A big advantage of this competitor is the fact that it has a screen with high resolution and tilt touch function. It’s pretty cool to be able to assign focus points by tapping right on the screen.
Despite the small size the E-M1 is comfortable thanks to the deep protrusion that allows you to hold it firmly. Manipulation is enhanced by direct access buttons and dials, providing shortcuts to settings.
Performance With consistent and accurate measurement and autofocus is fast. The automatic white balance system tends to deviate to the hot side especially in direct sunlight.
Compared to other Micro Four Thirds cameras, the GH4 looks larger and more robust.
The increased height allows the assembly of a built-in flash module, as for the weight most of it is due to the battery. which is longer and because of this has longer duration and can take up to 500 photos before you need to reload.
One of the things that could be improved is as to the auto focus that in GH4 does not account for hybrid system co, relies only on contrast detection.
One of the improvements over the GH3, older model, is that the Panasonic GH4 captures 4K video.
The GH4 has a transparent, high-resolution electronic display, and a high-resolution LCD screen.
The GH4 is the only camera in this group to feature full screen articulation rather than just a tilting facility.
Performance One thing that has not been improved on the GH4 is the pixel count of the sensor, which remains at 16.1MP.
The image quality is very good, but sometimes that has changed almost nothing in the level of fine details of the image, compared to GH3. Even so she fights a good battle at higher ISO with her Competitor E-M1.
The Sony A7 II is smaller than the Panasonic GH4 Micro Four Thirds, yet has a full-frame sensor.
In fact, it’s the same 24.3MP CMOS sensor that was used on the original A7, but the Mark II adds sensor displacement stabilization.
It is the first full-frame camera built-in stabilization feature and in this group only she and the Olympus E-M1, with its small Micro Four Thirds sensor, are capable of such stabilization.
Both feature advanced five-axis stabilization giving a clear benefit to attaching any lens.
The A7 Mark II is comfortable thanks to its deep thumb and finger shape. The controls are plentiful and the navigation menu is easy, helped by a multi-mode pad, a rotary selector makes life much easier.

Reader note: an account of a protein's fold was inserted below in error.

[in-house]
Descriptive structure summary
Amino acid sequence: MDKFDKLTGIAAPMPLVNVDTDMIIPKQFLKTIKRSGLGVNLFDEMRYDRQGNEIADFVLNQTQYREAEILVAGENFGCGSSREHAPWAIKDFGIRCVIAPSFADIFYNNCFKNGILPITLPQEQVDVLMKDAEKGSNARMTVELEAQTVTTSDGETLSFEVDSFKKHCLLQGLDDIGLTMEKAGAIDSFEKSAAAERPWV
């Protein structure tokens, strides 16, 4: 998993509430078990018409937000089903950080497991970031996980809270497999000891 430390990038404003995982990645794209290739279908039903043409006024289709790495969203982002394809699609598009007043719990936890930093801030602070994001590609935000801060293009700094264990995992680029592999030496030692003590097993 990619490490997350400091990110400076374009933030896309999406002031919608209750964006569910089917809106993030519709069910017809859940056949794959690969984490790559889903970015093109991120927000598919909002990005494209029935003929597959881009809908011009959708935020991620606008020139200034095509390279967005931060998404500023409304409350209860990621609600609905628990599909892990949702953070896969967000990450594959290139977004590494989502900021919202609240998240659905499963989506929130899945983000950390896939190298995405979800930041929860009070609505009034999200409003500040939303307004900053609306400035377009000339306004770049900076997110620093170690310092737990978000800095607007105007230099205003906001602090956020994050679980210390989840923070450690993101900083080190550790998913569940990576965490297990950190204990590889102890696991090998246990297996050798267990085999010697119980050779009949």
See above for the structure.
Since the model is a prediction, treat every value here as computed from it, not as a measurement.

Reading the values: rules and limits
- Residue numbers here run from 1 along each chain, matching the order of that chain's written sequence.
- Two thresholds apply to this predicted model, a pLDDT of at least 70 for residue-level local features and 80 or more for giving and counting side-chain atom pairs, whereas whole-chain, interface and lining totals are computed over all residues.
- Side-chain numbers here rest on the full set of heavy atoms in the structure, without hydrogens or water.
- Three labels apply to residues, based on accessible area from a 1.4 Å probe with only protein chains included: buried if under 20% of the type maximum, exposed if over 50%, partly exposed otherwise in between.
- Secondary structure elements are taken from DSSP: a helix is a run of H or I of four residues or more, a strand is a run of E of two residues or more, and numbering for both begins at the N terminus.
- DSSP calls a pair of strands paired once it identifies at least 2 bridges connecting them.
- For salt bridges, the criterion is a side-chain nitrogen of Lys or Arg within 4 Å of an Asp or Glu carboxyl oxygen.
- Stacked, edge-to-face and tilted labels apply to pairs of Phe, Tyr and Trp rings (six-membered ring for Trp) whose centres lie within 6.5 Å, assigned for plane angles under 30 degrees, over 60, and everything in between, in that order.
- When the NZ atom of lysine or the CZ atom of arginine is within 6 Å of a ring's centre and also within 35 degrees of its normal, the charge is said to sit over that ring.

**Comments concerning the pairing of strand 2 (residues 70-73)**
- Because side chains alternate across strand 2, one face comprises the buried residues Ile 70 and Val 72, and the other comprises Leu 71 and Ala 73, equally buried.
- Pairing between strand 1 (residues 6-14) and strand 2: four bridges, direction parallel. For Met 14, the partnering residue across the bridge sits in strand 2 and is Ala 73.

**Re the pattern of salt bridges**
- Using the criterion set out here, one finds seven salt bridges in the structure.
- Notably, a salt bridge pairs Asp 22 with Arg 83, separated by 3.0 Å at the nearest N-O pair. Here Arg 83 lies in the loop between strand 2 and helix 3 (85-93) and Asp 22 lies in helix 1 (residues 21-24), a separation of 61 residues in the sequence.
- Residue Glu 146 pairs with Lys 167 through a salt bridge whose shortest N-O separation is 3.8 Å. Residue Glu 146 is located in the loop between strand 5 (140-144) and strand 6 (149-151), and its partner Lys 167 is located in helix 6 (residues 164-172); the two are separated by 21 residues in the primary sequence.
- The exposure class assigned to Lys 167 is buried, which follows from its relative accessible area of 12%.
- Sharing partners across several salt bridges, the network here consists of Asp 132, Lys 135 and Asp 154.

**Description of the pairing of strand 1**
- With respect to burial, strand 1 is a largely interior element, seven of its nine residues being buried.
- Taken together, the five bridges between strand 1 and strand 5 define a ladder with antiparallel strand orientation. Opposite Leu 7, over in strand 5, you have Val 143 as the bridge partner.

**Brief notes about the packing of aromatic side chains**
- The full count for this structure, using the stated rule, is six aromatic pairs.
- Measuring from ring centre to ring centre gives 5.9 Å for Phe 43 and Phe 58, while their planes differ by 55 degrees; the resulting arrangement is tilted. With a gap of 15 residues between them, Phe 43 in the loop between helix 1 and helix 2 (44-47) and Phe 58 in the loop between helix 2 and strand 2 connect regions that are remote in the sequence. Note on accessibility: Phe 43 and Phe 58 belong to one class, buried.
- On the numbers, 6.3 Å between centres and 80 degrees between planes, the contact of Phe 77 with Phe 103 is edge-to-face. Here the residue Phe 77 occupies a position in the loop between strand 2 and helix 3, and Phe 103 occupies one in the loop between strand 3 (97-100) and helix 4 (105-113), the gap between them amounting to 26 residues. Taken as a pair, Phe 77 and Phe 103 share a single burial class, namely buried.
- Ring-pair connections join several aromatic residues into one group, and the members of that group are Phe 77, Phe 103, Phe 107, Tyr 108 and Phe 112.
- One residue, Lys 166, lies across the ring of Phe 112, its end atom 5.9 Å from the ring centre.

It has NFC and Wi-Fi connectivity but doesn’t have a tele touch.
The focusing system has a great ability to track moving objects
This makes the A7 Mark II more suitable for action photography, although the maximum 5fps rate looks a bit low when compared to the NX1.
Performance The A7 Mark II provides excellent fine detail retention. And photographing with the machine in hand the image stabilizer is a huge advantage.
The compact Sony A7 Mark II construction is the scene of a stabilized full-frame sensor that is the world’s first for any digital cameras.
The growing range of compatible lenses make it a serious alternative to compete with full-frame SLRs.
Most of the same goes for the Fujifilm X-T1, which beats freight with the above competitor in terms of weight and image quality even though it is an APS-C format camera.
It’s a pretty tough decision between these two but Sony does better if you prefer the tighter depth of field of a full-frame body.
The Samsung NX1 is another very interesting camera in APS-C format imitates very well the SLRs in their size and style. With its 28.2Mp sensor it will surely be very attractive to many. But even with great construction, handling and image quality it comes in third.
In fourth and fifth places are the two Micro Four Thirds cameras, the Panasonic GH4 and the Olympus E-M1.
The GH4 is ranked fourth only for its fully articulated display and 4k shooting capability.
Last is leica that will be one that is a camera type “love it or hate it”